Purchase this article with an account.
Shin'ichi Onimaru, Hiroaki Shigemasu, Michiteru Kitazaki; Modulation of visual control of posture by extra-retinal information of eye-movement. Journal of Vision 2007;7(9):1024. doi: https://doi.org/10.1167/7.9.1024.
Download citation file:
© ARVO (1962-2015); The Authors (2016-present)
Heading perception is inaccurate when the optical flow contains radial and lateral (rotational) motions as in the presence of eye-movement. Observers perceive a curved path if they are not moving their eyes and the optical flow is simulated by visual motion. However, they accurately perceive heading direction when the lateral motion is generated by an actual eye-movement. Thus, the extra-retinal information of eye-movement is utilized to perceive heading (Royden, 1994). We aimed to see whether the process for visual control of posture utilizes the extra-retinal information.
A linear viewpoint motion was simulated in a cloud of dots. Participants observed its visual image motion on a 120 inch screen at 130 cm distance while standing on a force plate to measure postural sway. For the real eye-movement condition, a red marker was set slightly left or right of the heading direction in the cloud of dots, and observers were asked to pursue the moving red marker with eye-movement. For the simulated eye-movement condition, a virtual camera pursued the red marker and its image motion was simulated. Thus, the red marker to be fixated was constant at the center of the screen. The image motions were identical on the retina for both conditions.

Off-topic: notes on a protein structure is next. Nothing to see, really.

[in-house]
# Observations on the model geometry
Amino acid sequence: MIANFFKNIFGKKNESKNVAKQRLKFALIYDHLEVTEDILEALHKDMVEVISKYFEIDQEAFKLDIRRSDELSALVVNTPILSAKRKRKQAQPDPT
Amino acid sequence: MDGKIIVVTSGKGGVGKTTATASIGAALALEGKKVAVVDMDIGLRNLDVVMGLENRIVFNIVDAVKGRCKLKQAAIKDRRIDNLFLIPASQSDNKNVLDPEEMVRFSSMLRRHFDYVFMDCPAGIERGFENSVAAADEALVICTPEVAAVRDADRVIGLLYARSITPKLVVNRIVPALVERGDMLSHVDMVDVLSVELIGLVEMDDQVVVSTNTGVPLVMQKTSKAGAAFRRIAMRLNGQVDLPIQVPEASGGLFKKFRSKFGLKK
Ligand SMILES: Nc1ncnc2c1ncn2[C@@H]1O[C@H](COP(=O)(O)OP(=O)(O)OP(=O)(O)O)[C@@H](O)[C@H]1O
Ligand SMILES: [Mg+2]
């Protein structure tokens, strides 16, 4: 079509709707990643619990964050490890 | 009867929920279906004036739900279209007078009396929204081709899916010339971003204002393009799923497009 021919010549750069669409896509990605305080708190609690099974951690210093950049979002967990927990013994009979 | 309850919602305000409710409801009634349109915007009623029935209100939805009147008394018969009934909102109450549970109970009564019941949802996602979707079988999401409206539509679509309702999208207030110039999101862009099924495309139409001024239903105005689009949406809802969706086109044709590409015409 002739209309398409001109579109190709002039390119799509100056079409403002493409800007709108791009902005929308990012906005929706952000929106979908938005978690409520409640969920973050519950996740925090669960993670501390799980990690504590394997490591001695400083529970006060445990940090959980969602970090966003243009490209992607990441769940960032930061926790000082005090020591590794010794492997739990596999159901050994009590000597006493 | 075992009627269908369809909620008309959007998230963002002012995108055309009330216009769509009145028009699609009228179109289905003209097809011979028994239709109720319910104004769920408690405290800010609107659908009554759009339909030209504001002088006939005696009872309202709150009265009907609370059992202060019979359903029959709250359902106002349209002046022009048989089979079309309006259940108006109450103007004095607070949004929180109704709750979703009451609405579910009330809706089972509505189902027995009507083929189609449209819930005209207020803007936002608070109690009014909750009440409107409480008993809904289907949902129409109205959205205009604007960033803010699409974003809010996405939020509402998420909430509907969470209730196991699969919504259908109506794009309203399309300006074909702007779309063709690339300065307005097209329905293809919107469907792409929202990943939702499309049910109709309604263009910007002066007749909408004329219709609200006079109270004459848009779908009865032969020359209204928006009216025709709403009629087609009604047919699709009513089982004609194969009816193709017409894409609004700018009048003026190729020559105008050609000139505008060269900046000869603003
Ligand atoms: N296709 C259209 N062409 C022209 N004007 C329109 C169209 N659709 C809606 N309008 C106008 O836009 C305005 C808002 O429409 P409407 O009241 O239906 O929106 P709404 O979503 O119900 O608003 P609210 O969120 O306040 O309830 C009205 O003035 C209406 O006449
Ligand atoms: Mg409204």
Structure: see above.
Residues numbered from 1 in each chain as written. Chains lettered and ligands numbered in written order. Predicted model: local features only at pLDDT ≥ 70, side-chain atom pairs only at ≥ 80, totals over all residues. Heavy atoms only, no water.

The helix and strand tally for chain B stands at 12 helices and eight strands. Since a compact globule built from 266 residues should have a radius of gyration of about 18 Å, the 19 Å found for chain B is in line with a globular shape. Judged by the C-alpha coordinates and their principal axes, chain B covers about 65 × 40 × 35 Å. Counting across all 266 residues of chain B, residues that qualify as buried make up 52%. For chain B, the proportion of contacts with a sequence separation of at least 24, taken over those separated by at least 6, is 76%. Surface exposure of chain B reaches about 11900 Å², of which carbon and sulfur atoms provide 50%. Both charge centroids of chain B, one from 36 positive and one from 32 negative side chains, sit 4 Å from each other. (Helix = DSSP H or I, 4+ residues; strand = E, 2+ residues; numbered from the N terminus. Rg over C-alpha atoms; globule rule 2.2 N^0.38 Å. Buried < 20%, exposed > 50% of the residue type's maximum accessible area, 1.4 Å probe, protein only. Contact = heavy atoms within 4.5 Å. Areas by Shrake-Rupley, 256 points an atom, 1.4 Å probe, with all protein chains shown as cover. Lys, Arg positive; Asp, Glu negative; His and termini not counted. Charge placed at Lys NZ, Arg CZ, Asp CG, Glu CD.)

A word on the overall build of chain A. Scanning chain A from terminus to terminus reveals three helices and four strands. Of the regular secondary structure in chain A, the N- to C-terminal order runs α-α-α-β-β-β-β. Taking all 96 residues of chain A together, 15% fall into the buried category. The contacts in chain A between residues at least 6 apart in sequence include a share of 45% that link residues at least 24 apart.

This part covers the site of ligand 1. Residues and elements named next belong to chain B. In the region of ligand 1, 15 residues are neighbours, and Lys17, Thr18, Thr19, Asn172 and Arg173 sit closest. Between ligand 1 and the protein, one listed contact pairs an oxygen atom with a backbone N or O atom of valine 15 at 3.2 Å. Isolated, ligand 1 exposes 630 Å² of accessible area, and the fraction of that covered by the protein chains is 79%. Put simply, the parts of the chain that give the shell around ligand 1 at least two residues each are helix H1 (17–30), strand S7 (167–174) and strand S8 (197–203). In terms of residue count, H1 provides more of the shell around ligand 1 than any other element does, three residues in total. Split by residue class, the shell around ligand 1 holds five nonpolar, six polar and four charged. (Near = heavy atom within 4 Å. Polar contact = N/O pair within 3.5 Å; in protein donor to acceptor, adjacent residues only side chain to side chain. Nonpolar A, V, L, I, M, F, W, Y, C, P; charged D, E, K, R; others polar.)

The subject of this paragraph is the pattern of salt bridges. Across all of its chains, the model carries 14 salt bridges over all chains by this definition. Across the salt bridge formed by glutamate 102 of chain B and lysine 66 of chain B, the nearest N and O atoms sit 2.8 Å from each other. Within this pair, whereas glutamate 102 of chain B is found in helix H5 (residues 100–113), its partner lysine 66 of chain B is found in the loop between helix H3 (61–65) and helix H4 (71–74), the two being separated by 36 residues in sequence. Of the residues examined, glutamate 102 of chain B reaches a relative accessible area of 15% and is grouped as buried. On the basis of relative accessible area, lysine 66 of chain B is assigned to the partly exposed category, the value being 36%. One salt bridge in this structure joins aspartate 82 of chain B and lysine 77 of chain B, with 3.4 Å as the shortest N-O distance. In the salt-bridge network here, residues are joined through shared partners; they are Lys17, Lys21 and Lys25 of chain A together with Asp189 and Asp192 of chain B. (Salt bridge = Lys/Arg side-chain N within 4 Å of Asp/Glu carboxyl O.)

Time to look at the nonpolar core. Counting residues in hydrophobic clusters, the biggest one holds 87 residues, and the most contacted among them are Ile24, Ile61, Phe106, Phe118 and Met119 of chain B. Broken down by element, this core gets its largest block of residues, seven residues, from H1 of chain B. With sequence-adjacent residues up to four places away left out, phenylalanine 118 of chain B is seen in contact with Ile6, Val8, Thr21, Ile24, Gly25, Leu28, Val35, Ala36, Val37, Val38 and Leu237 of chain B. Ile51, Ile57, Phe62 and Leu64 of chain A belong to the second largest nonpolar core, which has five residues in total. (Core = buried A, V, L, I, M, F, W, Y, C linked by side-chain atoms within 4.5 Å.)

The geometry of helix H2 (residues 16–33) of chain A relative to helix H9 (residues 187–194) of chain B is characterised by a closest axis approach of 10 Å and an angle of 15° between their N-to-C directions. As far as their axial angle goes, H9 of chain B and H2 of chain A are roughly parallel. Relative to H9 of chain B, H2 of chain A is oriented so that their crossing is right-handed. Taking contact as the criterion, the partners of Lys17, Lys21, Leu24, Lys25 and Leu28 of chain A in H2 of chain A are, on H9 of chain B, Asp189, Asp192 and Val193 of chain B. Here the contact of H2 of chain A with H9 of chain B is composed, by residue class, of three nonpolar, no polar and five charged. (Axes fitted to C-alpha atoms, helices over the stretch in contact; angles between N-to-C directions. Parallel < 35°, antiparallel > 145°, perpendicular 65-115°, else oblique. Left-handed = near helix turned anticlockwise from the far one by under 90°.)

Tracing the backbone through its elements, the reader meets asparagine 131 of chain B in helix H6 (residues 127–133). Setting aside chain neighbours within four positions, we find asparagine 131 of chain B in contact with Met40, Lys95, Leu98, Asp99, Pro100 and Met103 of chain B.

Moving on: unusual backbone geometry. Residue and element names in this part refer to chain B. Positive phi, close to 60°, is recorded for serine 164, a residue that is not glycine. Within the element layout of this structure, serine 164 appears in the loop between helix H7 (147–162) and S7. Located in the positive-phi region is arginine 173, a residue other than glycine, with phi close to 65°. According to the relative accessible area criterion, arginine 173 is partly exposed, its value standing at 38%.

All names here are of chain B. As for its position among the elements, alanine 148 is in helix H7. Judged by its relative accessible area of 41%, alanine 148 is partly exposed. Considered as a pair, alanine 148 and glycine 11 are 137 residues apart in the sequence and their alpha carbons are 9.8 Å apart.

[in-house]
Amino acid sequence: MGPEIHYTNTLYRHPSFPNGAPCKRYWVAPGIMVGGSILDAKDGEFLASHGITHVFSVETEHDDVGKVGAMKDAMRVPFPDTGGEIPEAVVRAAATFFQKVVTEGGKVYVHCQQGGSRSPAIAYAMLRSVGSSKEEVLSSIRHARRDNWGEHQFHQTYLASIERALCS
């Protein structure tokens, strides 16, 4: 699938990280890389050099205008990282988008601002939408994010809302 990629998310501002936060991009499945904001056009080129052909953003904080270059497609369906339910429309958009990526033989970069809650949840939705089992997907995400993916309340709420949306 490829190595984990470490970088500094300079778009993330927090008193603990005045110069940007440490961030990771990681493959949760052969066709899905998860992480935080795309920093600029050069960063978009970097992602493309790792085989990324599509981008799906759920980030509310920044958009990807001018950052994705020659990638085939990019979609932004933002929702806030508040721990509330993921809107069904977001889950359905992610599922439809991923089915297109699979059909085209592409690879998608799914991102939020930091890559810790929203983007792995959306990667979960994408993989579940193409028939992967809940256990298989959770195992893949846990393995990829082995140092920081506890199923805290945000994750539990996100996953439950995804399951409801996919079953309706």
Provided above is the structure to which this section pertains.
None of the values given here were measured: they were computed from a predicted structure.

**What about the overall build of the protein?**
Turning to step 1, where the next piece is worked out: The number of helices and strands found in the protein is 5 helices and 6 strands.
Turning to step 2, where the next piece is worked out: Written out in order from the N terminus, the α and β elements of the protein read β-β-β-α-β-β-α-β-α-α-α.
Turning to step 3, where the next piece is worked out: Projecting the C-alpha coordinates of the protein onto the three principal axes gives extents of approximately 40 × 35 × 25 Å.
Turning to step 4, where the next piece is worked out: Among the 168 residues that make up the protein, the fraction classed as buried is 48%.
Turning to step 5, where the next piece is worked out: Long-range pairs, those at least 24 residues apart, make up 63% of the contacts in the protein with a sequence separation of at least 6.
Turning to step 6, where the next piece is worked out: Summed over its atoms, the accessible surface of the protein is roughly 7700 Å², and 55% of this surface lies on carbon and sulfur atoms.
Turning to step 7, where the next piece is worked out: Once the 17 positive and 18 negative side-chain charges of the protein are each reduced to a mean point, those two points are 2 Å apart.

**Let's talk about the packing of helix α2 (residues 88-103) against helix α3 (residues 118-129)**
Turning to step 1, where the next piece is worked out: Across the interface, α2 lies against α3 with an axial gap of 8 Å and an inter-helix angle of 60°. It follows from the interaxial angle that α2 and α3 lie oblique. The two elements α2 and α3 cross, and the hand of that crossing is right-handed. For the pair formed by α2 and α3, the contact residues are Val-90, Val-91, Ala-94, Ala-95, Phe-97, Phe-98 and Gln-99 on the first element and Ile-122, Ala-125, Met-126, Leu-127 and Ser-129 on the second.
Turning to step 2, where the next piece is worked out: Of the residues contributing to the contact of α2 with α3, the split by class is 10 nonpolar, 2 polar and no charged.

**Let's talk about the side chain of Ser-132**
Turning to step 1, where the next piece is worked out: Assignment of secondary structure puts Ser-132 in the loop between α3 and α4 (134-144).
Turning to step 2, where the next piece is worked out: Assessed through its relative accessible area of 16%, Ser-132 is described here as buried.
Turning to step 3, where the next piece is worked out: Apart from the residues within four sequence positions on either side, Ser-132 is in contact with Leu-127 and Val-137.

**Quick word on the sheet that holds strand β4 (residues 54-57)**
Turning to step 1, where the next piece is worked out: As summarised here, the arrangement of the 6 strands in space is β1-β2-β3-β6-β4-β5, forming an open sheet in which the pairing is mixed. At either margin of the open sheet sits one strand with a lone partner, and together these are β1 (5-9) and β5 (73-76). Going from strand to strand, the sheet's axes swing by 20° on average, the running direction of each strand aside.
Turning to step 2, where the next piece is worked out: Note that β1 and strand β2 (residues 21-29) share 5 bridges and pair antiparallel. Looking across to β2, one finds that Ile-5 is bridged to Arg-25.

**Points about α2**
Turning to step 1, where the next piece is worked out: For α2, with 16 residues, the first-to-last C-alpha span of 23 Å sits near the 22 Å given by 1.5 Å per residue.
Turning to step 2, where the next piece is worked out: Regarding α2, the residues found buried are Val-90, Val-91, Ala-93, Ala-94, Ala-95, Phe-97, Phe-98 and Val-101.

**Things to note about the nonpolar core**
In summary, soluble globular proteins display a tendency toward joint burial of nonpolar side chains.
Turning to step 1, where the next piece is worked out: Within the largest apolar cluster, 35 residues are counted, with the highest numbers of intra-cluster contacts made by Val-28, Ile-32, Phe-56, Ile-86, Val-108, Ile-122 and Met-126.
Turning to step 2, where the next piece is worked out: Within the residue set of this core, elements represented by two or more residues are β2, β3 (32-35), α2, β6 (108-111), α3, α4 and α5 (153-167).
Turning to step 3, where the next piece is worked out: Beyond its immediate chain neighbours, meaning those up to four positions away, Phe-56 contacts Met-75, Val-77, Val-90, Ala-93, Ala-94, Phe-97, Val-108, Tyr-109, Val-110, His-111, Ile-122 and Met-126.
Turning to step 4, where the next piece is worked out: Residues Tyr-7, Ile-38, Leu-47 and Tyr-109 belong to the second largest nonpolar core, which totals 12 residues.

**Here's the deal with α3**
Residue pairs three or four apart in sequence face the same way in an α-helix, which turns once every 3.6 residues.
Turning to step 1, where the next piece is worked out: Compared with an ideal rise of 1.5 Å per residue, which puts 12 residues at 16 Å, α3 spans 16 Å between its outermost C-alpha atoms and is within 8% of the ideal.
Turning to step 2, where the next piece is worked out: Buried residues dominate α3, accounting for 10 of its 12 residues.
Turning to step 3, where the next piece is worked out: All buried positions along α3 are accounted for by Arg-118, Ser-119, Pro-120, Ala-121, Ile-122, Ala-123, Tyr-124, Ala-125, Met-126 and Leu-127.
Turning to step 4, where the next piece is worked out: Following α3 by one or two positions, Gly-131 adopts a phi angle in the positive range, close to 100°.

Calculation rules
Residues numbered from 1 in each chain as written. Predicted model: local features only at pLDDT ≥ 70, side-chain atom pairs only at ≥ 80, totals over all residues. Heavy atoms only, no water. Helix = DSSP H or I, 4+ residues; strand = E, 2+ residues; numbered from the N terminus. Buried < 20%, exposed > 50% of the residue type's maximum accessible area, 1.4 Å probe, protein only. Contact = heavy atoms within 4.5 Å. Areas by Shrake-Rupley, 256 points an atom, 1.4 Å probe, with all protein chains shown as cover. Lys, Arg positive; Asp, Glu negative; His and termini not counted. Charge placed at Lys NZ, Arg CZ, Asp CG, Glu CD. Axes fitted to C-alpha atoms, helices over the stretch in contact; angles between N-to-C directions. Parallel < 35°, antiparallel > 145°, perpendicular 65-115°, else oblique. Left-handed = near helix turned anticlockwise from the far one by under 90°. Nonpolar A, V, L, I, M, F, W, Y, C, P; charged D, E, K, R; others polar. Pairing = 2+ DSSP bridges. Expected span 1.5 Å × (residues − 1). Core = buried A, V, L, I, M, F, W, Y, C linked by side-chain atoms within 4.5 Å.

Observers inclined in the opposite direction to the visual simulation of linear viewpoint motion in sagittal direction for both conditions. Lateral sway was stronger in the simulated eye-movement condition than in the real eye-movement condition.
Though the retinal image motions were identical and contained both the lateral and radial motions, the postural sway to be induced by the lateral motion was inhibited when the observers actually moved their eyes. It is suggested that the process for the visual control of posture does not only due to the retinal image motion, but utilizes the extra-retinal eye-movement information.
This PDF is available to Subscribers Only